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Album Review: Title Fight – Hyperview

2 min read

A dozen years since the band’s formation, Title Fight have just released their third studio album, Hyperview. From the first listen it is clear that the Pennsylvanian punk rockers have taken this album in a different direction, turning away from their hardcore origins to develop an atmospheric approach which has drawn many comparisons to late 80s shoegaze. At just over thirty minutes long, the record is only brief, yet to those familiar with Title Fight’s discography it is an impressive demonstration of the band’s evolution. And to those who are new to the band, Hyperview is still extremely listenable.

Title Fight Hyperview

Beginning with a gentle and repetitious opener, Murder Your Memory, this track introduces one of the main highlights of the album, singer Jamie Rhoden’s greatly muted vocals. This vocal delivery is highly evocative of shoegaze, taking value away from the lyrical content and instead shifting the focus towards the entire musical soundscape – the vocals being only one element of the total cohesive sound.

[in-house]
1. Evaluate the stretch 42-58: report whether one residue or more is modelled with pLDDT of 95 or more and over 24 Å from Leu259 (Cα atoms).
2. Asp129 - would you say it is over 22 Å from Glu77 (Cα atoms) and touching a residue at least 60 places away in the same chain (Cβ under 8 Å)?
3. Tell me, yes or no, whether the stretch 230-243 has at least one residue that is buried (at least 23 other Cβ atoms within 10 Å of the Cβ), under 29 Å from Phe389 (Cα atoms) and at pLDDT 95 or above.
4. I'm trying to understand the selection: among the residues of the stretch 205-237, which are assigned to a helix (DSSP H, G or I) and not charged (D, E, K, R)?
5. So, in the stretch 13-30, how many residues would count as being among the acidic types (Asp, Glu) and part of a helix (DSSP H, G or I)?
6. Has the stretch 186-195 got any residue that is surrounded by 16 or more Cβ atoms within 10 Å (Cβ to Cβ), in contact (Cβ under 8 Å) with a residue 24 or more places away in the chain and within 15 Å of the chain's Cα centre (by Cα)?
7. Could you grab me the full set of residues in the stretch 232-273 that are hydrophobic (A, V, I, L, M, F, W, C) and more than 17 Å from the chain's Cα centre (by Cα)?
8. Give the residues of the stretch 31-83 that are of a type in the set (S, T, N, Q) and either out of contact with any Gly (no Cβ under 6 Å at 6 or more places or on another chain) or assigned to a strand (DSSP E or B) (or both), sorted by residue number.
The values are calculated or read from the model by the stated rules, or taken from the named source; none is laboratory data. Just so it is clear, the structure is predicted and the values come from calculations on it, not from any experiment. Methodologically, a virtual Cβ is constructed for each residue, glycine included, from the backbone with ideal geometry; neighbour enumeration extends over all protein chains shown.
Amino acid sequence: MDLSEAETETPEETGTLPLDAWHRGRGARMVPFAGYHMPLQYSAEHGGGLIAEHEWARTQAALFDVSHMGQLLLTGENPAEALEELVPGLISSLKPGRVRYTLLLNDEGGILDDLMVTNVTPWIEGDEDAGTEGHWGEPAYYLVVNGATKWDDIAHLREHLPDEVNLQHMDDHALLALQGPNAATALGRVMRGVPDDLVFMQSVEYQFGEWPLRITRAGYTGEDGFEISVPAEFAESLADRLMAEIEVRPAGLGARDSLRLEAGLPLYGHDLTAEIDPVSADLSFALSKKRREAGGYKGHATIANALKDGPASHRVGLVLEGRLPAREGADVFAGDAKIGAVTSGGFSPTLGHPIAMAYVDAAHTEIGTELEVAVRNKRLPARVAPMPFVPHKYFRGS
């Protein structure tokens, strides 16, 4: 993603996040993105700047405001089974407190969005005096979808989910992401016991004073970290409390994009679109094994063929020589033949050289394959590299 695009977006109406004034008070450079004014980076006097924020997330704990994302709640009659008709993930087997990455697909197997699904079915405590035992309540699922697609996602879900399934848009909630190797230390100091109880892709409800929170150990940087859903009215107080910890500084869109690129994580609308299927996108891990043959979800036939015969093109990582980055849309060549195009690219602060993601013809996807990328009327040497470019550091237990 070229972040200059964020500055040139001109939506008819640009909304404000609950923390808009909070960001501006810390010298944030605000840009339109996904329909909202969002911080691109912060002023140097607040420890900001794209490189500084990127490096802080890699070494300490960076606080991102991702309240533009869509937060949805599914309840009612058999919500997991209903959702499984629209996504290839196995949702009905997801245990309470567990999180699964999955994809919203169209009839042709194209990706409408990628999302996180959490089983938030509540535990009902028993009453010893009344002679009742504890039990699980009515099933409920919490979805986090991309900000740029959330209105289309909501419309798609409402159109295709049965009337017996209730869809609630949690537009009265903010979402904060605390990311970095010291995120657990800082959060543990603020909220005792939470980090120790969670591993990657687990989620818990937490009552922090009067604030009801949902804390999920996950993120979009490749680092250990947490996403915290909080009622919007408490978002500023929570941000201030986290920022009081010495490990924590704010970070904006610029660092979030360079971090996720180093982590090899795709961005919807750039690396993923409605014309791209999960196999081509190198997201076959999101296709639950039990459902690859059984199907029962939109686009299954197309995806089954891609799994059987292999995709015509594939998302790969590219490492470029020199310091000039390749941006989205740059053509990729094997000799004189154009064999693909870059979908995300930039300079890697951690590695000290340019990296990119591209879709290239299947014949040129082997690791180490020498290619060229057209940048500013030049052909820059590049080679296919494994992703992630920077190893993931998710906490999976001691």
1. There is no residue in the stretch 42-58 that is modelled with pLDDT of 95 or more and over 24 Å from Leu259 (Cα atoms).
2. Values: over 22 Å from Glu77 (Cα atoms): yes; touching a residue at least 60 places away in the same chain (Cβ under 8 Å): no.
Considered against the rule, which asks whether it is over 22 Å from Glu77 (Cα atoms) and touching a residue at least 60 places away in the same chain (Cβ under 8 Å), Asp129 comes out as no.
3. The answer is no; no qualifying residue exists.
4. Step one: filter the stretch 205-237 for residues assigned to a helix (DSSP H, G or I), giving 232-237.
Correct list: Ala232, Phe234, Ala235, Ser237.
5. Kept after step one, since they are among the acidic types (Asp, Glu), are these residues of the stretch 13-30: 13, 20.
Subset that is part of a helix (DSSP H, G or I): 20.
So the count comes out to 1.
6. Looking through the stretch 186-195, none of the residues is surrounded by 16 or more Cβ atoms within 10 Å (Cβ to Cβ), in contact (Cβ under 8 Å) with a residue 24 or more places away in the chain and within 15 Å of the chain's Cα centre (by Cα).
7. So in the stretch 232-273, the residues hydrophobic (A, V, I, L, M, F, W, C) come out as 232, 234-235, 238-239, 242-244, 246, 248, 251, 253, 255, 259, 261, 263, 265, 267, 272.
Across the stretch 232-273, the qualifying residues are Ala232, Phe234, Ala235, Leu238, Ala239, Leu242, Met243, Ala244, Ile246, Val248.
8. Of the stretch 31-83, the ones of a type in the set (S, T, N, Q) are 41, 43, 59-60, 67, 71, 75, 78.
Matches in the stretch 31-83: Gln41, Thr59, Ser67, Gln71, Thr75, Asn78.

The following track, Chlorine, is slightly rockier. Forming the main single off the album, the vocals in Chlorine are delivered with much more conviction, but still are only loosely focused on the lyrics. This pattern continues throughout the record with tracks like the Sonic Youth-esque Mrahc and the heavier Trace Me Onto You keeping the pace upbeat and effectively mediating between Title Fight’s new and old sounds.

In a considered move, the fast-paced and rocky Mrahc is contrasted by the following, Your Pain Is Mine Now. Fitting to a laid-back surf atmosphere, Your Pain Is Mine Now is a melancholic standout. The more discernible lyrics are moving in their melancholy and sensitively paired with an echoey guitar loop that makes for a psychedelic album highlight.

Your Pain Is Mine Now is then followed by another of the new album’s standout tunes. Being the only track on Hyperview to feature bassist Ned Russian’s hoarsely shouted vocals, Rose Of Sharon gives a brief nod back to Title Fight’s punk-rock roots, but is sure to please both long-time fans and newer listeners.

With a tight cohesiveness running throughout the album, Title Fight once again prove themselves worthy of attention. The considered layering of guitar distortion, tricksy percussion and delicate, melodic vocals make for an easy first listen, and with time the album’s subtleties make themselves even more clear. The result is a compilation of complex soundscapes that makes for an inspired listen.